Estimating Twitter User Location Using Social Interactions A Content Based Approach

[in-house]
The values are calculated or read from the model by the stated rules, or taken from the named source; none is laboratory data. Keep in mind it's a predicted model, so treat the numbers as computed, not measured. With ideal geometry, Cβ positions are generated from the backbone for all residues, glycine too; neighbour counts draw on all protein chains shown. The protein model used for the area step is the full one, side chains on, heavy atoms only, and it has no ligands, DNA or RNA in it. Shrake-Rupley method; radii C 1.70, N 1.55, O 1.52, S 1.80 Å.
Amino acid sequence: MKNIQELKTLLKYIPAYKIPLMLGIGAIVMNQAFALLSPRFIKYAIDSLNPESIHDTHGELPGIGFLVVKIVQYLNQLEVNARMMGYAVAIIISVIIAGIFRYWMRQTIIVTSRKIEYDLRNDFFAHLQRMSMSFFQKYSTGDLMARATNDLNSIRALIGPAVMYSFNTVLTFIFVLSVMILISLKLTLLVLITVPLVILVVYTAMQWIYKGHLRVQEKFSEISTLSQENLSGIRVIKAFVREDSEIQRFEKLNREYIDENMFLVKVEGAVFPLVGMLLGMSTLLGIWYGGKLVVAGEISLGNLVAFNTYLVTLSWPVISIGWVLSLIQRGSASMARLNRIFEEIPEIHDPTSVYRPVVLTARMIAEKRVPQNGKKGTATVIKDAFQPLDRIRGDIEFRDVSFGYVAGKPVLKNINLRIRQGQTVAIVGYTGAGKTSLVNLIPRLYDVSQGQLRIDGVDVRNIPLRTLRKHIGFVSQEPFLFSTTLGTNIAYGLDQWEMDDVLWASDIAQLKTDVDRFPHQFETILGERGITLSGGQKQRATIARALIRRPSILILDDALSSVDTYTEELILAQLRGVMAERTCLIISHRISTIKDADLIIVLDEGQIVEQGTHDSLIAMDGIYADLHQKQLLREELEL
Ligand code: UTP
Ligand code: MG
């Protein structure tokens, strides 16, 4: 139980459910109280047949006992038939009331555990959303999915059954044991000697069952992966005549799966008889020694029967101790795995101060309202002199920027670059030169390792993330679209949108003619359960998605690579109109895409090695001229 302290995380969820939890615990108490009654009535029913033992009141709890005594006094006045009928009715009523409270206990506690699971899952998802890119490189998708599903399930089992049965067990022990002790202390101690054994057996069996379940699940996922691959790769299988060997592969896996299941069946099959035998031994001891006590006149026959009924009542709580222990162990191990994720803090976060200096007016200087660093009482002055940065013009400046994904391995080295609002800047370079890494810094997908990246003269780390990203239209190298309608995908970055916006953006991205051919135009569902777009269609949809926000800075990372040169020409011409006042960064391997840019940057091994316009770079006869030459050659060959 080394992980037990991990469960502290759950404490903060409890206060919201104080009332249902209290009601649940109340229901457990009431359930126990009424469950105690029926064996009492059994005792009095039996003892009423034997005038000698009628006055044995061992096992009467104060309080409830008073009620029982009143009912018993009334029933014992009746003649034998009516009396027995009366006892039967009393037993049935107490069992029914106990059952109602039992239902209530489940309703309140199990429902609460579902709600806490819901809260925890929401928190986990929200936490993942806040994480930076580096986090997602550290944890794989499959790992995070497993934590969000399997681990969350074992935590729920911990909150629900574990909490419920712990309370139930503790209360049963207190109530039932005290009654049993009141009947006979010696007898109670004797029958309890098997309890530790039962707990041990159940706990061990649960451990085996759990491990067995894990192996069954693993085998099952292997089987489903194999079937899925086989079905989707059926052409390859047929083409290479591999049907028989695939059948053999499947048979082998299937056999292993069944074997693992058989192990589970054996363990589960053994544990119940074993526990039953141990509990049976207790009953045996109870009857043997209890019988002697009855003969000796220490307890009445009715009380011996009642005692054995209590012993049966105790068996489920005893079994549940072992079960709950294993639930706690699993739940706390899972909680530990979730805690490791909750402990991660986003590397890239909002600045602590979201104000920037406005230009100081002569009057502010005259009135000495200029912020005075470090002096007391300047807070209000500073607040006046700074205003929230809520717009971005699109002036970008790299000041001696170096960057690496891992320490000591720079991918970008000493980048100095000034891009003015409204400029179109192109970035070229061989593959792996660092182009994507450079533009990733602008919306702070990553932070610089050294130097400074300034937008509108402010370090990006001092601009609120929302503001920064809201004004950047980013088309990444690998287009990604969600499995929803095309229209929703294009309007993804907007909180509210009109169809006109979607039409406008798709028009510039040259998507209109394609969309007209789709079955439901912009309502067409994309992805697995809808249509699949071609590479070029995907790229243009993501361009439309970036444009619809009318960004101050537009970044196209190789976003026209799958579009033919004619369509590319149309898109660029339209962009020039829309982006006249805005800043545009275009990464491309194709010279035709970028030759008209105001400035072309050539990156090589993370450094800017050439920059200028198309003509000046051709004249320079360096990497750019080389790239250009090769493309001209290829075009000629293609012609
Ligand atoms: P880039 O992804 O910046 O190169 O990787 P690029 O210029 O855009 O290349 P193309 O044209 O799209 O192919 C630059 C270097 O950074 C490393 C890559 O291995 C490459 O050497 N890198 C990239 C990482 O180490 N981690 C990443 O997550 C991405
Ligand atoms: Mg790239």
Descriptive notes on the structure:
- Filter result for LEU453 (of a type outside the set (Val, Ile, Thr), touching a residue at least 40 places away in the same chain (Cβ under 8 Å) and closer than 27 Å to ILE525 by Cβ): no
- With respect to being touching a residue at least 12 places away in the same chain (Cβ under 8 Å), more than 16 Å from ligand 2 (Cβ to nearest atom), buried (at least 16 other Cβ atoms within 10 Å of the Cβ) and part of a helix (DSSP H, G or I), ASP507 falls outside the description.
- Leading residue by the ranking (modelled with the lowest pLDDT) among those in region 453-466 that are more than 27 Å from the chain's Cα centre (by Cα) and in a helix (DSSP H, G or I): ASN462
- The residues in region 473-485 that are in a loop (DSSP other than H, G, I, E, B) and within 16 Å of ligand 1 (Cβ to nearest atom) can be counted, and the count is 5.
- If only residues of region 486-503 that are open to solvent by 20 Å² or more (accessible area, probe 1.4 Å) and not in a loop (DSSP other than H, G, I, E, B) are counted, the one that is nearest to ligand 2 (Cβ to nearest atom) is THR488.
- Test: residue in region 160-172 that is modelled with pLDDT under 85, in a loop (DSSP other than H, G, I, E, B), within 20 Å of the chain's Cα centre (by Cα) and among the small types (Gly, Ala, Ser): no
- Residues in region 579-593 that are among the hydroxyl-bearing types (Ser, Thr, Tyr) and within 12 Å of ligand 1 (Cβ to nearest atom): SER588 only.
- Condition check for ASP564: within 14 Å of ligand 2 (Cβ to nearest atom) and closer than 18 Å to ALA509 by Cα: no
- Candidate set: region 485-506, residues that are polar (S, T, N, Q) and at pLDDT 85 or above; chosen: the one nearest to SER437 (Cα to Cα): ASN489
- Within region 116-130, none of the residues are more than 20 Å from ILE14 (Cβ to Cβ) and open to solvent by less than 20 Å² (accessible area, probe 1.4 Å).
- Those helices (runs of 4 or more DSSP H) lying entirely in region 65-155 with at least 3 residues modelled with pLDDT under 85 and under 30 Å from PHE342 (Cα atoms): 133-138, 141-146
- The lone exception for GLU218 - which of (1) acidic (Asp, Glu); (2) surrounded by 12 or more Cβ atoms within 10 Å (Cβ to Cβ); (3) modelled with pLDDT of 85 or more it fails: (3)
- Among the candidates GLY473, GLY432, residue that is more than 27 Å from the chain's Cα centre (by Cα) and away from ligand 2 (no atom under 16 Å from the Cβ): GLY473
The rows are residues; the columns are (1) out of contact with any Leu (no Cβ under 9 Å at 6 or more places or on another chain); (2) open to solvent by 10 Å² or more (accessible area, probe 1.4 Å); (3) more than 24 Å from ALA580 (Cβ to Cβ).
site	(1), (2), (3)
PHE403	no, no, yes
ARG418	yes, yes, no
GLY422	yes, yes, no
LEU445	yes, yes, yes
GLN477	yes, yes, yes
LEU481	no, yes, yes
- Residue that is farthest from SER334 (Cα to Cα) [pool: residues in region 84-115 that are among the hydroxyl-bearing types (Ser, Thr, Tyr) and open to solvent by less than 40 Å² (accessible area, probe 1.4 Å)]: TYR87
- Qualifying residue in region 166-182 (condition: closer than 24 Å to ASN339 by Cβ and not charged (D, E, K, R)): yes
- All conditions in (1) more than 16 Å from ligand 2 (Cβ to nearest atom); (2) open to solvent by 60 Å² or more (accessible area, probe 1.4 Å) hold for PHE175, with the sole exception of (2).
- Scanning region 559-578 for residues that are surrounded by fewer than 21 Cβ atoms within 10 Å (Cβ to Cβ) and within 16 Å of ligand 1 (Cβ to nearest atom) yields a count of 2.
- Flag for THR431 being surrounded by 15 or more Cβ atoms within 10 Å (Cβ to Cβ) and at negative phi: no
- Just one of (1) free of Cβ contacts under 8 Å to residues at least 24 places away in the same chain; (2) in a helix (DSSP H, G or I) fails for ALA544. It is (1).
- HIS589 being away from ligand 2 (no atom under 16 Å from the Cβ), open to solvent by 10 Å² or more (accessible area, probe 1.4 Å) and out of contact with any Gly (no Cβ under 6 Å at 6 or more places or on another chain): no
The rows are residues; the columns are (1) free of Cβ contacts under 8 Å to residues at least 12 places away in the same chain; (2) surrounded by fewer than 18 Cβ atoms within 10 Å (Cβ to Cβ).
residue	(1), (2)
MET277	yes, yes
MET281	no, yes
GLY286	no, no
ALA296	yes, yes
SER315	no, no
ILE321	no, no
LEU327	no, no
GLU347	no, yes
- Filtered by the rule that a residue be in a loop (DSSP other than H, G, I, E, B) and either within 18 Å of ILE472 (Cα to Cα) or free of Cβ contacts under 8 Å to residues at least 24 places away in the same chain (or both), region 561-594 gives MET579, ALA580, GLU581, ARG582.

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1 2011 IEEE International Conference on Privacy, Security, Risk, and Trust, and IEEE International Conference on Social Computing Estimating Twitter User Location Using Social Interactions A Content Based Approach Swarup Chandra, Latifur Khan Department of Computer Science University of Texas at Dallas Abstract Microblogging services such as Twitter allow users to interact with each other by forming a social network. The interaction between users in a social network group forms a dialogue or discussion. A typical dialogue between users involves a set of topics. We make the assumption that this set of topics remains constant throughout the conversation. Using this model of social interaction between users in the Twitter social network, along with content-derived location information, we employ a probabilistic framework to estimate the city-level location of a Twitter user, based on the content of the tweets in their dialogues, using reply-tweet messages. We estimate the city-level user location based purely on the content of the tweets, which may include reply-tweet information, without the use of any external information, such as a gazetteer, IP information etc. The current framework for estimating user location does not consider the underlying social interaction, i.e. the structure of interactions between the users. In this paper, we calculate a baseline probability estimate of the distribution of words used by a user. This distribution is formed by using the fact that terms used in the tweets of a certain discussion may be related to the location information of the user initiating the discussion. We also estimate the top K probable cities for a given user and measure the accuracy. We find that our baseline estimation yields an accuracy higher that the 10% accuracy of the current state of the art estimation. Keywords Twitter, Content-Based Location Estimation, Social Interaction, Data Mining I. INTRODUCTION Internet social media services, such as microblogging and social networking, which are offered by platforms such as Twitter, have seen phenomenal growth in their user bases. Java et al. [11] described this microblogging phenomenon as early as 2007, noting that users use the service to talk about their daily activities and to seek or share information. This growth has spurred an interest in using the data provided by these platforms for extracting certain information, such as geographic location, from its users. The information obtained can be used to provide users with personalized services, such as local news, local advertisements, application sharing etc. With more than 200 million accounts on Twitter in diverse geographical locations, the short messages or tweets form a huge data set that can be analyzed to extract such geographic information. Twitter allows its users to specify their geographical location as user information (Meta Data). This location information is manually entered by the user or updated with a GPS enabled device. The feature to update the user location with a GPS Fahad Bin Muhaya College of Business Administration King Saud University enabled device has not been adopted by a significant number of users [2]. Hence, this geographic location data for most users may be missing or incorrect. There are several drawbacks to relying on a user s manual update of location. Users may have incorrect geographic location data. For example, a Twitter user may enter his/her location as Krypton. This may not be the name of a real geographic location. Users may not always have a city-level location. Users can input location names vaguely, such as the name of a state (E.g. Arizona) or the name of a country (E.g. U.S). These location names cannot be directly used in determining the city-level location of the user. Users may have multiple locations. If a user travels to different locations, he/she might mention more than one location in the Meta-Data of his/her Twitter page. This makes it very difficult to determine their current, singular city-level geographic location. Users may have incomplete location data. A user may have specified an ambiguous name that may refer to different locations. For example, if a user specifies a location such as Washington, this name can be related to a state name or a city name (Washington D.C). These types of ambiguous names make it difficult to determine the exact user location. Therefore, the reliability of such data for determining a citylevel geographic location of a user is low. To overcome this problem of sparsely available geo-location information of users, we evaluate the Twitter user s city-level geographic location based purely on his/her tweet content along with the content of the related reply-tweet messages. We use a probabilistic framework that considers a distribution of terms used in the tweet messages of a certain conversation containing reply-tweet messages, initiated by the user. A. Motivation: On Twitter, users can post microblogs known as tweets, which can be read by other users. Along with this microblogging service, Twitter also provides a social networking service where a user (follower) can follow another user (followee). Each edge of the social network is formed by this follow relationship. As a follower, a user receives all the tweets posted by the followee, and in turn can reply to these tweets with a reply-tweet. This reply-tweet is received by the followee from the follower. This forms the /11 $ IEEE DOI 838